Hidden Gems - Fog of War: Eleven Lessons from the Life of Robert S. McNamara
By Walid Habboub
November 30, 2004
The subject of The Fog of War, former Secretary of Defense Robert S. McNamara, is one of the most interesting characters to ever be featured in a documentary. The entire film basically boils down to a character study of the secretive and policy-changing man who was occupied a high and influential rank within the White House during the Vietnam War. Director Errol Morris takes us through the America of McNamara’s childhood and into his key role in America’s involvement in Vietnam. By doing this, Morris, through the eyes of one man, captures how America survived its greatest challenge, sleepwalked through its golden age and slowly lost track of the ideology that helped create it.
Born in 1916 in San Francisco, McNamara became an instructor at Harvard University, his alma mater. McNamara then went on to serve in World War II and returned to citizen life in 1946. His keen intellect and logical approach to problem solving helped him become the first ever non-Ford family member to become the President of Ford Motor Company after he had helped raise the company from the ashes. After serving only five weeks as president of the auto maker, McNamara was approached by then-President John F. Kennedy to be his Secretary of the Treasury, which he declined. Instead, McNamara became Kennedy’s Secretary of Defense and helped guide Kennedy through the Cuban Missile Crisis. After Kennedy’s assassination, McNamara worked under Lyndon B. Johnson and was once again instrumental in shaping policy about America’s involvement in Vietnam. For all the potential secrecy that should come with a man of such a past, The Fog of War presents a quite candid man who is both fascinating and repulsive at once.
The documentary completely relies on McNamara and his life does not disappoint. The man is worthy of an entire series of documentaries, but Morris focuses specifically on things in McNamara’s life that he obviously has doubts about, if not out and out regrets. The film is split into 11 different lessons that McNamara has learned and wishes to convey to anyone who is interested. It is McNamara’s lamenting of past actions that fuels the story and makes its subject ever so human. You can see in McNamara’s eyes and hear in his words how genuine he is during the interviews. Though he stops short of apologizing, he does somewhat take accountability for the actions of the government he served and continually points out the inconsistencies and tragedies set forth by policies of the times. Some policies, such as those undertaken in Japan during World War II, were less influenced by him than others. Nonetheless, McNamara does not hold back on his hindsight views. They are presented effectively because the method of delivering the message is so powerful.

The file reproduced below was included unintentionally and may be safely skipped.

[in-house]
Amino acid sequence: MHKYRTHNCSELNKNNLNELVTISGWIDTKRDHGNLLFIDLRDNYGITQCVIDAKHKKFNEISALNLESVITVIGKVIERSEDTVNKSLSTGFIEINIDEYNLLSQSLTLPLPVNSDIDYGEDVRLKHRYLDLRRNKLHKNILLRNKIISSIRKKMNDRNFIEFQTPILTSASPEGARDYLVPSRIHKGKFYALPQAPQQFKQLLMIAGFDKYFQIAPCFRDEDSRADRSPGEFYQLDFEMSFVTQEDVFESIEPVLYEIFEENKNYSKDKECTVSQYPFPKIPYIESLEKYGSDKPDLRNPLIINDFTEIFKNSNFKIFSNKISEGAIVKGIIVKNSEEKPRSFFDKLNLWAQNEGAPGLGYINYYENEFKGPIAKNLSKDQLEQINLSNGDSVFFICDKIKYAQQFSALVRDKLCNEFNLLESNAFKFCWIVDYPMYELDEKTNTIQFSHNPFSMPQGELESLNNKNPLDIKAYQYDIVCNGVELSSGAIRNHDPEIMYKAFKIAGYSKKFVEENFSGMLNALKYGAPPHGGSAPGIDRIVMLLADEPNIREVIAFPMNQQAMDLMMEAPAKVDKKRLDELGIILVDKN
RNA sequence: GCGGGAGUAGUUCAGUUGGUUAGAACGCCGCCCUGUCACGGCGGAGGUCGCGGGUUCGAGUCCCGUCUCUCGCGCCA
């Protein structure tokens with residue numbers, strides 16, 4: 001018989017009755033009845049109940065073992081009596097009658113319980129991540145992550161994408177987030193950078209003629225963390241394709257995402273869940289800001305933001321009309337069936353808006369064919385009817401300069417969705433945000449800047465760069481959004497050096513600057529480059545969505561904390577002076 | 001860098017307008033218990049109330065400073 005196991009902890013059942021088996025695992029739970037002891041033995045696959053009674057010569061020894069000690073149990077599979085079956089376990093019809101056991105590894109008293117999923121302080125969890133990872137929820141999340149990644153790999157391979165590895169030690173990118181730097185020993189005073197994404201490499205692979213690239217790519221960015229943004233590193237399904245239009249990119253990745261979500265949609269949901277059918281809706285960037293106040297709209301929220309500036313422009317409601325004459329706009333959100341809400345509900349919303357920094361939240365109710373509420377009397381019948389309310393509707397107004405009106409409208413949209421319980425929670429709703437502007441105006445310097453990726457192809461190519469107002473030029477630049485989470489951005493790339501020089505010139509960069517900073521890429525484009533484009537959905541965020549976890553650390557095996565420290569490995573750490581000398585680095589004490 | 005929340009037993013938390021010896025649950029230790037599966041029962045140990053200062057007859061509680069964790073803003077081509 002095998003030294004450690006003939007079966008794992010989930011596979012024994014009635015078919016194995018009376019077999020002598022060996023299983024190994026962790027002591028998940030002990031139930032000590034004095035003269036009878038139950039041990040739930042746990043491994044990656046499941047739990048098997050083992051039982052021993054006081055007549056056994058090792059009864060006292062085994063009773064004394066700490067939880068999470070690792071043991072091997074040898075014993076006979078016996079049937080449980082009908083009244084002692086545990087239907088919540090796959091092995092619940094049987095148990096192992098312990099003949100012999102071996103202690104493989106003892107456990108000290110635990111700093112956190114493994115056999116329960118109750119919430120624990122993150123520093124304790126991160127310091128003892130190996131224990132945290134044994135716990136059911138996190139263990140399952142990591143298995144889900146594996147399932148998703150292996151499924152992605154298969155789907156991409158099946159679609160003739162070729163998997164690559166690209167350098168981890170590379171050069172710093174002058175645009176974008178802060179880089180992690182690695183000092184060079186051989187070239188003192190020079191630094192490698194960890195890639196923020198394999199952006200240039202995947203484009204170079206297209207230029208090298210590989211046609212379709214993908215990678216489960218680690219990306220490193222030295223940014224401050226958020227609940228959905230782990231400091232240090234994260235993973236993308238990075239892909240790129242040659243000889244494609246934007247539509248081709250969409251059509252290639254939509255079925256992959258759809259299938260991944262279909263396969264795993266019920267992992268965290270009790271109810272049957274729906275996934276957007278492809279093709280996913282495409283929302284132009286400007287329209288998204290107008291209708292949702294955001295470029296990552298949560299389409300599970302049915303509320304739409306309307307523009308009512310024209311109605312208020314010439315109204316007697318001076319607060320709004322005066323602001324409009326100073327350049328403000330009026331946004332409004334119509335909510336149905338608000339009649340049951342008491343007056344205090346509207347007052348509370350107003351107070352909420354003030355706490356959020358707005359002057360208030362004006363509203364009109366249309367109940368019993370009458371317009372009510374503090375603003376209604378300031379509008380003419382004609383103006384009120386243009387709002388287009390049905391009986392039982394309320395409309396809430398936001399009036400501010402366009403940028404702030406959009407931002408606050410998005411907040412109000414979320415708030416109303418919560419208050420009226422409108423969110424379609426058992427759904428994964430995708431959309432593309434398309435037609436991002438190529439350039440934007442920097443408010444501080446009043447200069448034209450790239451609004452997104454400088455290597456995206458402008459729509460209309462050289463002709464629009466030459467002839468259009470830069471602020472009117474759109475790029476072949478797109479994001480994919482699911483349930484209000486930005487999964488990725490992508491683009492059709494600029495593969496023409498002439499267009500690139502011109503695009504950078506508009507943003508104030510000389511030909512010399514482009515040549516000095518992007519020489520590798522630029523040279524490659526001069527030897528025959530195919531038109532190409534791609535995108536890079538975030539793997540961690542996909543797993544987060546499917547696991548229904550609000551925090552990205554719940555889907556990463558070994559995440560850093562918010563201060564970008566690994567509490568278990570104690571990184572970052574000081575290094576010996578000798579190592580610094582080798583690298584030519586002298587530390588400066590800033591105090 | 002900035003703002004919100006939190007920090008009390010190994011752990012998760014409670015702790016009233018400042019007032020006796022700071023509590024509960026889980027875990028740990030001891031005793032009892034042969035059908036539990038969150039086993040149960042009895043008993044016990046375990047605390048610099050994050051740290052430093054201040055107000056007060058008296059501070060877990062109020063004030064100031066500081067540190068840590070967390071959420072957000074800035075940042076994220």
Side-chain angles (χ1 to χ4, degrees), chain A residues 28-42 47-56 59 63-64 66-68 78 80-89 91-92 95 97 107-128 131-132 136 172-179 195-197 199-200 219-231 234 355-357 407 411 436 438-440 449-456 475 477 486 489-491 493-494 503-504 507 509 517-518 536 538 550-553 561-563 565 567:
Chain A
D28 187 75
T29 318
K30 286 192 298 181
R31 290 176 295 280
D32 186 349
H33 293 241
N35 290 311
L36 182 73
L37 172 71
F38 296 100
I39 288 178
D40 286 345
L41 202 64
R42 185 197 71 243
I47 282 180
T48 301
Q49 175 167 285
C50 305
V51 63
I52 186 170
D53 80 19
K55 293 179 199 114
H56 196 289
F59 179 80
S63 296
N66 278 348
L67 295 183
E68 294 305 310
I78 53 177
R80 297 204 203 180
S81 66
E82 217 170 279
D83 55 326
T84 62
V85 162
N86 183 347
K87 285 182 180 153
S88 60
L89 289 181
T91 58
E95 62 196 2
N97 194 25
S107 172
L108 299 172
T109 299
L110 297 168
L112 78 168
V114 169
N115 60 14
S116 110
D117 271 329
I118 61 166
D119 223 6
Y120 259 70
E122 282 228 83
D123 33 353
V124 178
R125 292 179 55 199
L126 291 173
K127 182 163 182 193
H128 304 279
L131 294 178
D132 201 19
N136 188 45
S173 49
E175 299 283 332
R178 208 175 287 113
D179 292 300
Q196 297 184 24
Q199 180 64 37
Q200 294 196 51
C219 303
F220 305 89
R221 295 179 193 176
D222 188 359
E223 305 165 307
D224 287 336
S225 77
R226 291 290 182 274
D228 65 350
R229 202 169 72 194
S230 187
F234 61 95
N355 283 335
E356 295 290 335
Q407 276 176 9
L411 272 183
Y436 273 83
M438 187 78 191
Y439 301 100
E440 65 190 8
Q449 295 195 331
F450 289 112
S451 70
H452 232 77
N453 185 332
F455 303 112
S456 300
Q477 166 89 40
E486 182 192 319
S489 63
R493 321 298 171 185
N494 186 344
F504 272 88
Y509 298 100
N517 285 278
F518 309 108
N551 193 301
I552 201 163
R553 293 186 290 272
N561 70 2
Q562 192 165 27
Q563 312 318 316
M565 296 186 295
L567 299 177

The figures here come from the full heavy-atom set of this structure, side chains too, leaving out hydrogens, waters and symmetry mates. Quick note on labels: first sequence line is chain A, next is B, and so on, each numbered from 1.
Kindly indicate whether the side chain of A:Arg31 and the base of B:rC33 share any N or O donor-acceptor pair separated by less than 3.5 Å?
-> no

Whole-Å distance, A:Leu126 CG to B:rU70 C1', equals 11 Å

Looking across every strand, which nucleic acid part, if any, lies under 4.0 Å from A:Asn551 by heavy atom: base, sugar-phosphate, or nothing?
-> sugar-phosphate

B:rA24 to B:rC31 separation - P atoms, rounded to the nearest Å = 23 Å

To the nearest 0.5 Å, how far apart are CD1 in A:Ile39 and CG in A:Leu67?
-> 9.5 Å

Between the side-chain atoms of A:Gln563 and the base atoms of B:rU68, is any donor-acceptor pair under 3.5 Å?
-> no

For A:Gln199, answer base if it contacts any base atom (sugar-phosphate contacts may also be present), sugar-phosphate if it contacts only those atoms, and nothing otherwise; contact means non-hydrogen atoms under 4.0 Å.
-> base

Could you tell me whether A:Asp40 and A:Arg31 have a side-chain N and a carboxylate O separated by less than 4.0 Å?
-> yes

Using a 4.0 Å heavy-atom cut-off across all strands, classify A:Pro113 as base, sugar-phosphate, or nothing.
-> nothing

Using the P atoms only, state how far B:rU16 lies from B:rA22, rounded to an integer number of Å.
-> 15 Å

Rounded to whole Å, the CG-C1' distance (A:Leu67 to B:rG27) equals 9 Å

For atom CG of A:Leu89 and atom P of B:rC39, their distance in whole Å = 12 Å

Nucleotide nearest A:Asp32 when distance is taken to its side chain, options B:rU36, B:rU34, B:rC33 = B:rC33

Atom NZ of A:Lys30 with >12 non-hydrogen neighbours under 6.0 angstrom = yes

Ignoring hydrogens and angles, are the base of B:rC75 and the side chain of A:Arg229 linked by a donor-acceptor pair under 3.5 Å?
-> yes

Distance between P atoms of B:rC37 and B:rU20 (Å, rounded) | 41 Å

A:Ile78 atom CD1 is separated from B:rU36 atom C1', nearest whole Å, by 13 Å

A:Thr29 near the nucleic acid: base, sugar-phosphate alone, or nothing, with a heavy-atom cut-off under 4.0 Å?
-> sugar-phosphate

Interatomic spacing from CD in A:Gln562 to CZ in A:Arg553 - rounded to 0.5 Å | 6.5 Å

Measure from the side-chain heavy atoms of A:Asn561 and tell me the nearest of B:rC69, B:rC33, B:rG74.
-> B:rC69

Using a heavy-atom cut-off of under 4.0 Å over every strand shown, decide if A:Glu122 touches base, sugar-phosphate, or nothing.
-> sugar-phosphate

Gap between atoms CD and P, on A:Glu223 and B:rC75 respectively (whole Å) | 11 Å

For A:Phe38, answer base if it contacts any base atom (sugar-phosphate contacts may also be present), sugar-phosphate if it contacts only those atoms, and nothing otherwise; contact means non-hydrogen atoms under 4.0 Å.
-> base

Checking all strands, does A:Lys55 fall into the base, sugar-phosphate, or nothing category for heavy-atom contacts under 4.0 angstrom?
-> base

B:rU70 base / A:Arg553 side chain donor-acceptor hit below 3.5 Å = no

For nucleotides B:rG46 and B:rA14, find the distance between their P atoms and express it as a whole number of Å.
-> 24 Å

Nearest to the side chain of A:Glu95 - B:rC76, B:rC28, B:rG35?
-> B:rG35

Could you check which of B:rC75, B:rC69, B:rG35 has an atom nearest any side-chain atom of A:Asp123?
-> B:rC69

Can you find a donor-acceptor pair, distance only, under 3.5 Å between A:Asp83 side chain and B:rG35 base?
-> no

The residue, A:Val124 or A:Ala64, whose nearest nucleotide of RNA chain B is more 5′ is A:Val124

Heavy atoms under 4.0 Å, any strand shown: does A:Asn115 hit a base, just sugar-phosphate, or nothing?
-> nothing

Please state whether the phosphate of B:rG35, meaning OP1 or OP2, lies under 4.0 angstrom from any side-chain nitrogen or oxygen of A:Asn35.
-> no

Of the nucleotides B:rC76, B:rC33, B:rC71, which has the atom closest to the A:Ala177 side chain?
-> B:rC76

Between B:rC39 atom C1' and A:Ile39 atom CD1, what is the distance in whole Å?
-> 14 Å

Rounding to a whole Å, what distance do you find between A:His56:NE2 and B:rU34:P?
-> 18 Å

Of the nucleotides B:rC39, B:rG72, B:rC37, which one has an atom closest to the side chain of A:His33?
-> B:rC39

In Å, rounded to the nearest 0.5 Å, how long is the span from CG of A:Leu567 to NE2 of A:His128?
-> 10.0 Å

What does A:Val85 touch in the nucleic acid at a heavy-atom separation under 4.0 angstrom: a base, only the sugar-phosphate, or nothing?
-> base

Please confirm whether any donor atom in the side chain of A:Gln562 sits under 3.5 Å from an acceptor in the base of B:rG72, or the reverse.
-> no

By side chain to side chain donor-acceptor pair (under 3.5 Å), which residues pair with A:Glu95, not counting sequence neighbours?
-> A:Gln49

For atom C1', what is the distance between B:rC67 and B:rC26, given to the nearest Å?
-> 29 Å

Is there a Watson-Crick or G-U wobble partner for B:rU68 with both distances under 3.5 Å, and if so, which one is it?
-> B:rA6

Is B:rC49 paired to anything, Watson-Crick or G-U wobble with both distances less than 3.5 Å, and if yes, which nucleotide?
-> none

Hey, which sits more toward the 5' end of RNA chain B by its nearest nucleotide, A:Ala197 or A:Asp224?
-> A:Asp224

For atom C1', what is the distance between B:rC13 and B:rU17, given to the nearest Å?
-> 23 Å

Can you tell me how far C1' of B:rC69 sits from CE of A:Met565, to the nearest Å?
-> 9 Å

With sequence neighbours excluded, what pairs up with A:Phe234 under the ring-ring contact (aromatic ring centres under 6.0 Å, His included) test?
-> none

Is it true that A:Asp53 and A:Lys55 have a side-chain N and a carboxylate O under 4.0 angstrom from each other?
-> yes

It is important to understand that this film does not make value judgments about specific wars or war in general. Morris does not try to paint McNamara as a villain or some form of Orwellian mastermind. Morris lets his subject become the story. What takes center stage here is the lessons McNamara has learned and how a man of his insight is affected by war. In the course of McNamara’s teaching, we become witness to his frailties, his insecurities and his obvious failings. The film does not attempt to make a statement but is simply a complex and honest character study. Whatever emotion and ideologies arise from the interview with McNamara, whether his or the viewer’s, are genuine by-products of the subject matter.
The Fog of War absolutely begs for a follow up. There are so many aspects of McNamara’s life left untouched that you feel that this 90-minute film does not do him justice. Regardless of all the many historical figures that McNamara had insight to, there are still scary areas that McNamara refuses to delve into. It is difficult to believe that a man of McNamara’s history has learned only 11 lessons in his life but you get the feeling that the only reason the film stops where it does is that McNamara is not able to face his demons. While he continues to be of strong character, McNamara comes off sympathetic despite his past and whatever the viewer might think of him. This is why The Fog of War is so powerful. It shows that a man is not defined by his achievement but by how those achievements shape him.